The ever growing compact SUV segment
Customers looking for an MPV aren’t just those who want to seat seven but also those looking for a relatively large vehicle, in comparison to a sedan or a hatchback. Long journeys become easier while extra luggage space comes in handy, too.
If you look at this specific set of buyer, then the compact SUV segment has quite a few options now. And other than their inability to carry more than seven aboard (except the Quanto which is often overlooked thanks to its shortcomings, and TUV300 which is too new to be analysed here), the compact SUVs do it all – from handling bad roads to tackling good ones. Lack of rear (third row) seats means there’s a good room for luggage, too.
Both Duster and EcoSport have been doing well, and now the Creta has stolen the limelight. Both in terms of customers’ interest and sales figures.
Moving on to something that came as a replacement for a well-received product. There’s always a possibility of sequels flopping because the bar’s set a bit too high for them. And this one, although proving to be a commendable effort by the carmaker, failed to repeat its predecessor’s sales success.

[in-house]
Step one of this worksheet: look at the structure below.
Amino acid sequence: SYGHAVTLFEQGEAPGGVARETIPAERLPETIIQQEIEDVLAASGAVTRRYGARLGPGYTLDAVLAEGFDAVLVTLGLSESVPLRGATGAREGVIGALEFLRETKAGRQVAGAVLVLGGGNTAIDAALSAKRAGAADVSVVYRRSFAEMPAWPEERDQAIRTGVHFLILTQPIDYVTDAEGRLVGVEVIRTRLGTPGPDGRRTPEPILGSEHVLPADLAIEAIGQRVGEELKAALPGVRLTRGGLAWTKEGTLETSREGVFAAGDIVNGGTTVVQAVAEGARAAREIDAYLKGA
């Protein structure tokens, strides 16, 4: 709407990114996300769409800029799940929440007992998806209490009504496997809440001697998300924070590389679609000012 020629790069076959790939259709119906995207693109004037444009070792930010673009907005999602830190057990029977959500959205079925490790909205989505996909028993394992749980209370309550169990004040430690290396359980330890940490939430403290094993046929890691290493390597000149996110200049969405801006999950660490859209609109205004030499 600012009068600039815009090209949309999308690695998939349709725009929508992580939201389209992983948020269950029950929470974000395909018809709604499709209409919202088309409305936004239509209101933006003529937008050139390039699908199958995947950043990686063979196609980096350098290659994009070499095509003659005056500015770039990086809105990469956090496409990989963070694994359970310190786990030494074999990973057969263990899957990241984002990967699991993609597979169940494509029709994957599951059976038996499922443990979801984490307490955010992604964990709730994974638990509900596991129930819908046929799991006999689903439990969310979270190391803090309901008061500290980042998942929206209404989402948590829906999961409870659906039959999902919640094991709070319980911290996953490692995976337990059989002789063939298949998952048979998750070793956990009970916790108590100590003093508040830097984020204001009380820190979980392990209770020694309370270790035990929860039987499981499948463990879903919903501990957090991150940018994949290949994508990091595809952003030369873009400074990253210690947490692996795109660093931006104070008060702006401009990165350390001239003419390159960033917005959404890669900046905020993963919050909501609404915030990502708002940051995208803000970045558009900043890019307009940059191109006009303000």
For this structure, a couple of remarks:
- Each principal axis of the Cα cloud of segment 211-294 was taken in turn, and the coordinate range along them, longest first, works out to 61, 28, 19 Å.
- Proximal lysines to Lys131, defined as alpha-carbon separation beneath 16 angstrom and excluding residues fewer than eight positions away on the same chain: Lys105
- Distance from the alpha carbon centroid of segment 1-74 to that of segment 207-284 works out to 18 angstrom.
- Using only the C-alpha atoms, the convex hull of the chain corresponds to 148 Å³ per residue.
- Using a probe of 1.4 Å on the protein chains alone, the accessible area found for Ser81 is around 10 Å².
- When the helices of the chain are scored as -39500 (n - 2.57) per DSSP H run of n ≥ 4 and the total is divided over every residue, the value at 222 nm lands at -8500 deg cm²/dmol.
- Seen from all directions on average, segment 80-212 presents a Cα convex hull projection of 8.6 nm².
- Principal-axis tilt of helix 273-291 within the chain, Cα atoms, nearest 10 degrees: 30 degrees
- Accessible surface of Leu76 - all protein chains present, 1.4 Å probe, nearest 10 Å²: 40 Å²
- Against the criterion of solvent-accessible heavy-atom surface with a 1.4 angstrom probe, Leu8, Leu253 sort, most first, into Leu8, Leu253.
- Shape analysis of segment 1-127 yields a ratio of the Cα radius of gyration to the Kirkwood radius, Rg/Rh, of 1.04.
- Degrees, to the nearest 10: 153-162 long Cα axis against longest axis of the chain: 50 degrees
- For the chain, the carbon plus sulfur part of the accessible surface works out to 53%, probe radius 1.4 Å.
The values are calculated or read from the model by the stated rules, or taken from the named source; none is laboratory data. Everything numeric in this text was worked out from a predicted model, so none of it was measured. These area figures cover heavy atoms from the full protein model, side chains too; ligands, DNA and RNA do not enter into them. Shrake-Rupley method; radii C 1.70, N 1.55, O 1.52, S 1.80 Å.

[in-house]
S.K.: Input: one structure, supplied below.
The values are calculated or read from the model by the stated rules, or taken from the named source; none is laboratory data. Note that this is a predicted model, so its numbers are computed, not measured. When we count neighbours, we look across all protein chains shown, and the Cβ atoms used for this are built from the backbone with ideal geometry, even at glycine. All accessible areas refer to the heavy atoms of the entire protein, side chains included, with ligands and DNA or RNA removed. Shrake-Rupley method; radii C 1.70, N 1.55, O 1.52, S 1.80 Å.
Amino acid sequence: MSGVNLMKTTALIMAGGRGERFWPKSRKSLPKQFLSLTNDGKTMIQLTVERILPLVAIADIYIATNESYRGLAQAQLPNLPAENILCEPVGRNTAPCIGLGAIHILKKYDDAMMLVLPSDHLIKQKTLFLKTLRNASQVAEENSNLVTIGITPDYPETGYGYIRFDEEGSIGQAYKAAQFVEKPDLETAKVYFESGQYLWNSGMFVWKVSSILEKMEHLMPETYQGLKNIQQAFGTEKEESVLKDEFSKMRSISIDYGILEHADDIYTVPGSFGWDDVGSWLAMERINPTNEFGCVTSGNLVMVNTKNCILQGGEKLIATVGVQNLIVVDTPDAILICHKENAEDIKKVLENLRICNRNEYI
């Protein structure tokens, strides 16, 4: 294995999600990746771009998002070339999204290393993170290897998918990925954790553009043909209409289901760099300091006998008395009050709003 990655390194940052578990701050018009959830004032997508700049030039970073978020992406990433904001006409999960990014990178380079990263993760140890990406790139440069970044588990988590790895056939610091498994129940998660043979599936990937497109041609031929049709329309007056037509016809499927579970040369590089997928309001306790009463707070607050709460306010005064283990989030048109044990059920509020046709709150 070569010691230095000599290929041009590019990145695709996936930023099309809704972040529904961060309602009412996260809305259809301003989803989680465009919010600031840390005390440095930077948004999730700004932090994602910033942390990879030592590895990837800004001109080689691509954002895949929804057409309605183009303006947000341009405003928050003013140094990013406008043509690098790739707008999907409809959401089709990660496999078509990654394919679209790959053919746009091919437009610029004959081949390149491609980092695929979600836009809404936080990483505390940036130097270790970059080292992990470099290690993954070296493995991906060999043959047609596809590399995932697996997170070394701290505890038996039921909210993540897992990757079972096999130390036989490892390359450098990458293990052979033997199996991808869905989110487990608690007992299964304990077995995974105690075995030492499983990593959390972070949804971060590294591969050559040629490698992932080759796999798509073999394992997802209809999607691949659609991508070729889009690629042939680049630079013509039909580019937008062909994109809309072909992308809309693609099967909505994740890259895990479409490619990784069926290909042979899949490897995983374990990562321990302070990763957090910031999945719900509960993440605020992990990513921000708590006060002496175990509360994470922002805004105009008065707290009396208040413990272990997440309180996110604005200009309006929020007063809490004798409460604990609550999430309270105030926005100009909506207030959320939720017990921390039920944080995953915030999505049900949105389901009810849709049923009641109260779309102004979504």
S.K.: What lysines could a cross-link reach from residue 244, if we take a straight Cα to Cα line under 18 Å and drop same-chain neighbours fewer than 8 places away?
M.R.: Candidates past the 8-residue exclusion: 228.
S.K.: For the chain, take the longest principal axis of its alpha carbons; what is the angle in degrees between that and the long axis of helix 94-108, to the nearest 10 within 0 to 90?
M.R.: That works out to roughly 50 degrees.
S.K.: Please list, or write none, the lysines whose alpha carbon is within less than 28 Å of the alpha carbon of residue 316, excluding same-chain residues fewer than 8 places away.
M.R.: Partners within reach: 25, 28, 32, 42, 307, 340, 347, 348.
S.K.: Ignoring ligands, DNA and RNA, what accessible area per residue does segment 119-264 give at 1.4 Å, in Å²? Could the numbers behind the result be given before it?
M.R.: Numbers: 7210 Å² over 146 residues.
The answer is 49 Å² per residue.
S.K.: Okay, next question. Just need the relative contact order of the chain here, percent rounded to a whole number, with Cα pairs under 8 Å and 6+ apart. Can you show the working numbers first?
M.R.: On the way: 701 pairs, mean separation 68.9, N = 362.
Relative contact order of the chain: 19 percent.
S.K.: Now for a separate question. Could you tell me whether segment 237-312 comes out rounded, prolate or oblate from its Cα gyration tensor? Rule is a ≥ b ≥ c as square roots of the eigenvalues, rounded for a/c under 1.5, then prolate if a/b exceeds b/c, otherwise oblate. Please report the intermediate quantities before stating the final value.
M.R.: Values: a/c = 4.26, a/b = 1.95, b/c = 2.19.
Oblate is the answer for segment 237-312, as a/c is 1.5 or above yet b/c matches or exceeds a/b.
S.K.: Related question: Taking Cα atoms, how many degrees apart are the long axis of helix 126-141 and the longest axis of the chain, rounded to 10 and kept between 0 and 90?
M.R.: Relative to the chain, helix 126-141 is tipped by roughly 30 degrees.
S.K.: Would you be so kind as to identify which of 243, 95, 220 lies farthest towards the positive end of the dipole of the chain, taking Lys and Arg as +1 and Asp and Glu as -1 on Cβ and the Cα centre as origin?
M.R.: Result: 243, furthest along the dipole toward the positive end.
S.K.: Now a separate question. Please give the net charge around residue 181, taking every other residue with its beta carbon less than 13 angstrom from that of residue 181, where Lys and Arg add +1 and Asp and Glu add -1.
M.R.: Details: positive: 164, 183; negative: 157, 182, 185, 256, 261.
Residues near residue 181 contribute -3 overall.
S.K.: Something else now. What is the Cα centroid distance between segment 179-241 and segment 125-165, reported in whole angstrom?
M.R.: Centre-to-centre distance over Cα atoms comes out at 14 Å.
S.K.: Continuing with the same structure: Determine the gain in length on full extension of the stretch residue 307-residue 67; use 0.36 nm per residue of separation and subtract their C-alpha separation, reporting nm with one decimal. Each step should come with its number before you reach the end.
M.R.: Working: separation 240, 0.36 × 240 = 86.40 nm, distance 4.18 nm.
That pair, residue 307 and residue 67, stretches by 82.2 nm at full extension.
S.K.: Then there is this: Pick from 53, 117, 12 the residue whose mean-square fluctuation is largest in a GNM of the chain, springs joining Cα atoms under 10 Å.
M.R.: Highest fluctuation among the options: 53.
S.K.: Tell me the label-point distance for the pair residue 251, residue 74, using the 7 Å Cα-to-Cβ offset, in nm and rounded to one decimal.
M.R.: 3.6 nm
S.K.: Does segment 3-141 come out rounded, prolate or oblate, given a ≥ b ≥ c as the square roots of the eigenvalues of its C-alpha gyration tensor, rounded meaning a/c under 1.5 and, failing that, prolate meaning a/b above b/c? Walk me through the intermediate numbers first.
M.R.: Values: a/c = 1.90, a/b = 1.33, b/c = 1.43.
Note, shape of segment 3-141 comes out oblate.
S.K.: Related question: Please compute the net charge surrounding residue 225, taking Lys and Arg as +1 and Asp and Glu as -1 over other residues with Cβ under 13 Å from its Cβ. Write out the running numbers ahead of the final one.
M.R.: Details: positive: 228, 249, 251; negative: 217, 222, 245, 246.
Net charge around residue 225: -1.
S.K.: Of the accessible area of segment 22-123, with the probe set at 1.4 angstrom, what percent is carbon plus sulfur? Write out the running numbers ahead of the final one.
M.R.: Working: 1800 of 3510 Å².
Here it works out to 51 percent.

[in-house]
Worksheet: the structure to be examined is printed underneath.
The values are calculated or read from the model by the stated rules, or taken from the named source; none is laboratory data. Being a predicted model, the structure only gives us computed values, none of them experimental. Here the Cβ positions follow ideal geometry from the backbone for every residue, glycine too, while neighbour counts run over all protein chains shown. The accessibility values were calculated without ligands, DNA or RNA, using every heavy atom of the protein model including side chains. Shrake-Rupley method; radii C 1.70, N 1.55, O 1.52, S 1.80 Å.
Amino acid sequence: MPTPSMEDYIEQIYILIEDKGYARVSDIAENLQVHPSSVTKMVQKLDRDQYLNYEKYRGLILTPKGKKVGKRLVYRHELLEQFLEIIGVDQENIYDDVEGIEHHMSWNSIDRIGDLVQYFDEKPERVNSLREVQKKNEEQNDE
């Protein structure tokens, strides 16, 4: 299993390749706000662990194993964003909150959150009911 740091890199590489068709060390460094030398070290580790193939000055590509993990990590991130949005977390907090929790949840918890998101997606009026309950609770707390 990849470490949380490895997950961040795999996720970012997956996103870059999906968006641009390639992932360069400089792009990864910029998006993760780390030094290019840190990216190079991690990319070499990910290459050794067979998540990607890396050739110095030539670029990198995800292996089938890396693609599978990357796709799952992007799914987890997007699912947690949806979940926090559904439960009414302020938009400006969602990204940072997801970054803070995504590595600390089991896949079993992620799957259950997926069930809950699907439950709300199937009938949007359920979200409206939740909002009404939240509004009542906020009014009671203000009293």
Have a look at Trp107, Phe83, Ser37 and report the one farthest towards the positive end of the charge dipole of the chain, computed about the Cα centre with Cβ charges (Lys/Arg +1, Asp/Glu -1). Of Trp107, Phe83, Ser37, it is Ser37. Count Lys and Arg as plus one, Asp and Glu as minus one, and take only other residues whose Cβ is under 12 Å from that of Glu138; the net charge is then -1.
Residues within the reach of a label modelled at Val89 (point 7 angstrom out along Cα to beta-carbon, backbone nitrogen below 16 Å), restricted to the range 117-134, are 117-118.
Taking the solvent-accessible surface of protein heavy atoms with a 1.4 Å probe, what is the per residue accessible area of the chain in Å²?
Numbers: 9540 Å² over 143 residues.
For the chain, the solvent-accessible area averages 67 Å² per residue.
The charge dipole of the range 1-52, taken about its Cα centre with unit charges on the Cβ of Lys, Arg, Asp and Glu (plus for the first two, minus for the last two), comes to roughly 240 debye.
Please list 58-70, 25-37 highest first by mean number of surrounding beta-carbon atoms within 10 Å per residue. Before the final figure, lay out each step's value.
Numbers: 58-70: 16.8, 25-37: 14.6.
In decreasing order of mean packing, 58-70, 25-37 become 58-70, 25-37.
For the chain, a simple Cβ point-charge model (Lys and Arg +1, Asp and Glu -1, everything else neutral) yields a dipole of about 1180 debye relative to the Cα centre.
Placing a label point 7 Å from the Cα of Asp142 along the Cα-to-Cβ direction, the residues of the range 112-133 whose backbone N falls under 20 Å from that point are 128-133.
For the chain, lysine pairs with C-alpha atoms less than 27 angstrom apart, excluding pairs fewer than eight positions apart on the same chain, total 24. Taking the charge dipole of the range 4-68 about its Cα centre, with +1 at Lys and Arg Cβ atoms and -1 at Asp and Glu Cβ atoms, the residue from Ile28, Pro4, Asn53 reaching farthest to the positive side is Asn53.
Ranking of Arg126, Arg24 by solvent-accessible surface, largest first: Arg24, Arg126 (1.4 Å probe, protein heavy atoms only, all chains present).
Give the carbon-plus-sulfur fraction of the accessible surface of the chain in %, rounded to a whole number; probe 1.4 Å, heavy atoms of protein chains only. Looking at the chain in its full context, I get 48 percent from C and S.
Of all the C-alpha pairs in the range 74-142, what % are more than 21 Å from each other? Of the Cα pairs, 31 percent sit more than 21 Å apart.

We’re talking about the Ford Fiesta. While both the Ikon and the Fiesta that followed were based on previous (respectively) global versions of the Fiesta, with the new model, Ford India updated the line up with the latest version.
It was a big improvement over the model it replaced in terms of interior, fit and finish, and overall looks, too. And although the loss of hydraulic power steering in favour of an EPAS unit was inevitable, there wasn’t a huge difference. Because as a package, the Fiesta performed very well indeed.
But its sales figures had a different story to tell. First the boot looked a bit out of place and the rear end was neither as sharp-looking as the front nor cohesive. Then there was the ever so strong competition, and of course, the relatively higher price tag. Even a segment first, dual-clutch automatic gearbox was also offered with the petrol version, but little did it to change the scenario.
Ford gave the car a much needed refresh, took away the petrol engine, and presented an all diesel line up. The price was dropped too, but the sales never picked up. Enthusiasts still love it, and I personally don’t see a reason why we shouldn’t.
From Ford to a Fiat, a car that’s inarguably closest to most enthusiasts’ hearts, but equally far from the top of the charts – the Fiat Punto, or the Punto evo as it’s called now.
Right from the days of the Premier Padmini – the made in India version of the Fiat 1100, the Italian company has been an enthusiasts’ favourite. But its official entry to the country was plagued by a less than satisfactory after sales service. And that still haunts the company even today. Amidst all that mess was a product that helped Fiat get back on track.